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shoshani
12-20-1999, 16:55
Just curious as to whether anyone knows (or can make a reasonable guess) what the mashbill was for the S. C. Herbst incarnation of Old Fitzgerald.
In particular I am curious as to whether John Fitzgerald or S. C. Herbst had made it as a wheated bourbon, or if that was Pappy's doing when he took over the brand. (My guess has always been that Weller was a wheat bourbon distillery and that PVW made his Old Fitz accourding to the recipe he learned from Weller, and that most likely the earlier Fitzes were rye rather than wheat.)

Michael Shoshani

jvanwinkle
12-21-1999, 09:45
It just so happens that my sister, Sally Van Winkle Campbell, has just written a book on the history of "Pappy" and the Stitzel-Weller Distillery. In the book, she describes the Fiztgerald brand name as coming from a man named John E. Fitzgerald who worked on the premisis of the Old Judge Dsistillery in Frankfort, where Old Fitz was first made. He was the keeper of the keys to the bonded warehouses. He had a favorite group of barrels in each warehouse which contained the best whiskey. Mr. S. Charles Herbst of Milwaukee who owned the distillery, named this "good" whiskey, John E. Fitzgerald. It was produced on a special sour mash formula for exclusive trade, steamship lines, railroads and private clubs. I'm guessing that it was or

cowdery
12-31-1999, 12:50
Julian,

I'm very much looking forward to hearing more about your sister's book. Is there a publication date?

- chuck

jvanwinkle
01-04-2000, 11:05
Chuck, the book is just out now. She did an incredible job with pictures and digging up history on our family distillery.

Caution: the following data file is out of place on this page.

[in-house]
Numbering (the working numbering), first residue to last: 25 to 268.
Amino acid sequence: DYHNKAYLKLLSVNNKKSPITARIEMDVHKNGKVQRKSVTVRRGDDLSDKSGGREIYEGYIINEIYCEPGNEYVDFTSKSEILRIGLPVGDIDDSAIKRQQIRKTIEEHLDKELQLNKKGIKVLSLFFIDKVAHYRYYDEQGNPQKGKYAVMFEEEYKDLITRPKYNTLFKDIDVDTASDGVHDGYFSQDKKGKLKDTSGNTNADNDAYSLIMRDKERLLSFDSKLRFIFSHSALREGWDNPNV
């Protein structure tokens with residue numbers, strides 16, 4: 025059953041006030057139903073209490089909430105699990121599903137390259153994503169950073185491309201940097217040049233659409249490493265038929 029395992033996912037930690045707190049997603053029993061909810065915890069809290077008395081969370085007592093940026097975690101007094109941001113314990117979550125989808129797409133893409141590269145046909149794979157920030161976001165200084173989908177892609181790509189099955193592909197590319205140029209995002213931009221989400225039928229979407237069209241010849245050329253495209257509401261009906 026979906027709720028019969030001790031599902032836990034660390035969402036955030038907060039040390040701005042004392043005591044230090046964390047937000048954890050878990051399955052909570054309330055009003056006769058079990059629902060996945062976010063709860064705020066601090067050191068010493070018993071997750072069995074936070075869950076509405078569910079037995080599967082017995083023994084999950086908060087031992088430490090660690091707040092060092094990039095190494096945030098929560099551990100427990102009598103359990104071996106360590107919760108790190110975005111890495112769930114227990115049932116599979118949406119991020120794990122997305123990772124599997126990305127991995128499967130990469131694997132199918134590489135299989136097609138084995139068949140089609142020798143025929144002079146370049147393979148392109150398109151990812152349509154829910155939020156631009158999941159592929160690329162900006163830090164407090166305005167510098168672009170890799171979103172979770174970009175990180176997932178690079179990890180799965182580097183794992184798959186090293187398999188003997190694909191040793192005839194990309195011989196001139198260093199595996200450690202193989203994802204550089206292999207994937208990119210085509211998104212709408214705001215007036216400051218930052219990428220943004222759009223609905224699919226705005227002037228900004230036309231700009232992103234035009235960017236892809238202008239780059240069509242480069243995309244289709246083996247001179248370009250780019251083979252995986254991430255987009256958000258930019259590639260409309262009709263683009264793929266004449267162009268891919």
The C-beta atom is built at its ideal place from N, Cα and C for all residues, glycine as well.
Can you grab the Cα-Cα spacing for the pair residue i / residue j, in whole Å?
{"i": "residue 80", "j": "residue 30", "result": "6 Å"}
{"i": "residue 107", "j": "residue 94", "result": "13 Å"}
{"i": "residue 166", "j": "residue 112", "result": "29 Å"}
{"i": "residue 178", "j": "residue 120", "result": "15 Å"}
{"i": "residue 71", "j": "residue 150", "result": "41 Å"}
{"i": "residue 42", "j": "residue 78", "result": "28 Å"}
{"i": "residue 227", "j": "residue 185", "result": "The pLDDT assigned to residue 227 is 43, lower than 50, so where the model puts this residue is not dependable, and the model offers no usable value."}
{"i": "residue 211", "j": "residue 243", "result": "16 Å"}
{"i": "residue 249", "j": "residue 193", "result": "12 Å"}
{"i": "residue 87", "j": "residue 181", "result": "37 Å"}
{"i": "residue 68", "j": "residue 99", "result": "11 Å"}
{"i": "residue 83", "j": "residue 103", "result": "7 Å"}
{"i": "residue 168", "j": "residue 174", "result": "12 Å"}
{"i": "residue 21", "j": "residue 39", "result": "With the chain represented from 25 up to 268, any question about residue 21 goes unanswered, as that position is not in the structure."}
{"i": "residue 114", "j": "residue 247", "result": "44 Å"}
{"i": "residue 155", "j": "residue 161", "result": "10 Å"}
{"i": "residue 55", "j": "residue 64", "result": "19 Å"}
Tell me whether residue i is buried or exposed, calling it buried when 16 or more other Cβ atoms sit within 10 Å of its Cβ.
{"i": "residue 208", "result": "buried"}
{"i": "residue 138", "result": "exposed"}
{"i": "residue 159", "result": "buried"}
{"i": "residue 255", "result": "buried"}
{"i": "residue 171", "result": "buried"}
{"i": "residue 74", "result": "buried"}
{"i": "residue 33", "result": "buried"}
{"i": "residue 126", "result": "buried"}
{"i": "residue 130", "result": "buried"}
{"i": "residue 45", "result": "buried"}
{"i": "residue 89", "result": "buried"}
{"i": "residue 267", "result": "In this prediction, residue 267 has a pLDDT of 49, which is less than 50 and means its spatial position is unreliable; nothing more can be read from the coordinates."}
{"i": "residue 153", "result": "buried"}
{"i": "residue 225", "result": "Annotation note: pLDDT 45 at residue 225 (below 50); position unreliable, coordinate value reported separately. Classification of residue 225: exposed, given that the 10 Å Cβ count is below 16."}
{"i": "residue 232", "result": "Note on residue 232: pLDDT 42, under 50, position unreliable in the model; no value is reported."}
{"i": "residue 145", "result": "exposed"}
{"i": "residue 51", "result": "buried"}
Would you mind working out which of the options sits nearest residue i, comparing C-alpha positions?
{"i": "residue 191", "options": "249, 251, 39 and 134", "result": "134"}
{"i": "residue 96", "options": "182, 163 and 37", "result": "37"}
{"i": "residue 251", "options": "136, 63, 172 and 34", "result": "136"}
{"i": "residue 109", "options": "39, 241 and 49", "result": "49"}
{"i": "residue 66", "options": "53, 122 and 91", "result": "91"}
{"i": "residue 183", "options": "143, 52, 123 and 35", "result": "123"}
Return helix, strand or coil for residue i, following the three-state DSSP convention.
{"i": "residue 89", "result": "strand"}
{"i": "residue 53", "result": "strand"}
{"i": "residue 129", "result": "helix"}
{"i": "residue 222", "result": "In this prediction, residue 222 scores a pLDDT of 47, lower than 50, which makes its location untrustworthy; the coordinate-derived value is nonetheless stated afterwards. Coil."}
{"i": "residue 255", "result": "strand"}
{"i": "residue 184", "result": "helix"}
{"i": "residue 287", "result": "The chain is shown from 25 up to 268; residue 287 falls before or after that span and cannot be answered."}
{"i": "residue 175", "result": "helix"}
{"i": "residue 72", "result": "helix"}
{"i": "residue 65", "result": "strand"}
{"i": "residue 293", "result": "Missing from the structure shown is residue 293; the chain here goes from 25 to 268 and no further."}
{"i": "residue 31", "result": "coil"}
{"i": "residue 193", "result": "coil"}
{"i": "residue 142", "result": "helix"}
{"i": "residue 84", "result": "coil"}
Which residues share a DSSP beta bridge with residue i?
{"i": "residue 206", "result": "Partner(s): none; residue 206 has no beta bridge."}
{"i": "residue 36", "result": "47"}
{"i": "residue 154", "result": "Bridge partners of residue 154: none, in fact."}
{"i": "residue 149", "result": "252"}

Check out my web site to see about ordering information;
www.oldripvanwinklle.com
Julian

**DONOTDELETE**
01-10-2000, 21:23
Julian,
John sent me the review copy, and it is gorgeous. A good-looking book, well-written, and a slice of life from Limestone Lane. Especially that picture of you in short pants!
Great book, she should be proud, and you should too.

Lew Bryson
Hirsch Reserve 16 YO: Real Pennsylvania Bourbon

jbutler
01-14-2000, 08:42
The following was sent to me via email from Michael Veach, who is unfortunately prevented from logging in to our board by a firewall.

And I quote:

"I spent five years as archivist at United Distillers and still work with the Oscar Getz Museum of whiskey History on weekends.
While at United Distillers, one of the collections in their archives
was the Julian Van Winkle files from befroe prohibition till about 1937.
The bulk dates were 1920-1934. One of the items in the collection was a
contrcat from about 1908 (I am a bit fuzzy to the exact date but it was
about 1908) in which W. L. Weller and Sons contracts with A. Ph. Stitzel
distillery to make them some bourbon. The mash bill for this bourbon was
for a rye recipe bourbon. I always argued that this meant the firm of
W.L. Weller was not the origin of the wheat recipe as United Distillers
wanted to claim but came from some other place. My personal belief was
that it came from A. Ph. Stitzel but it possible that it came from Old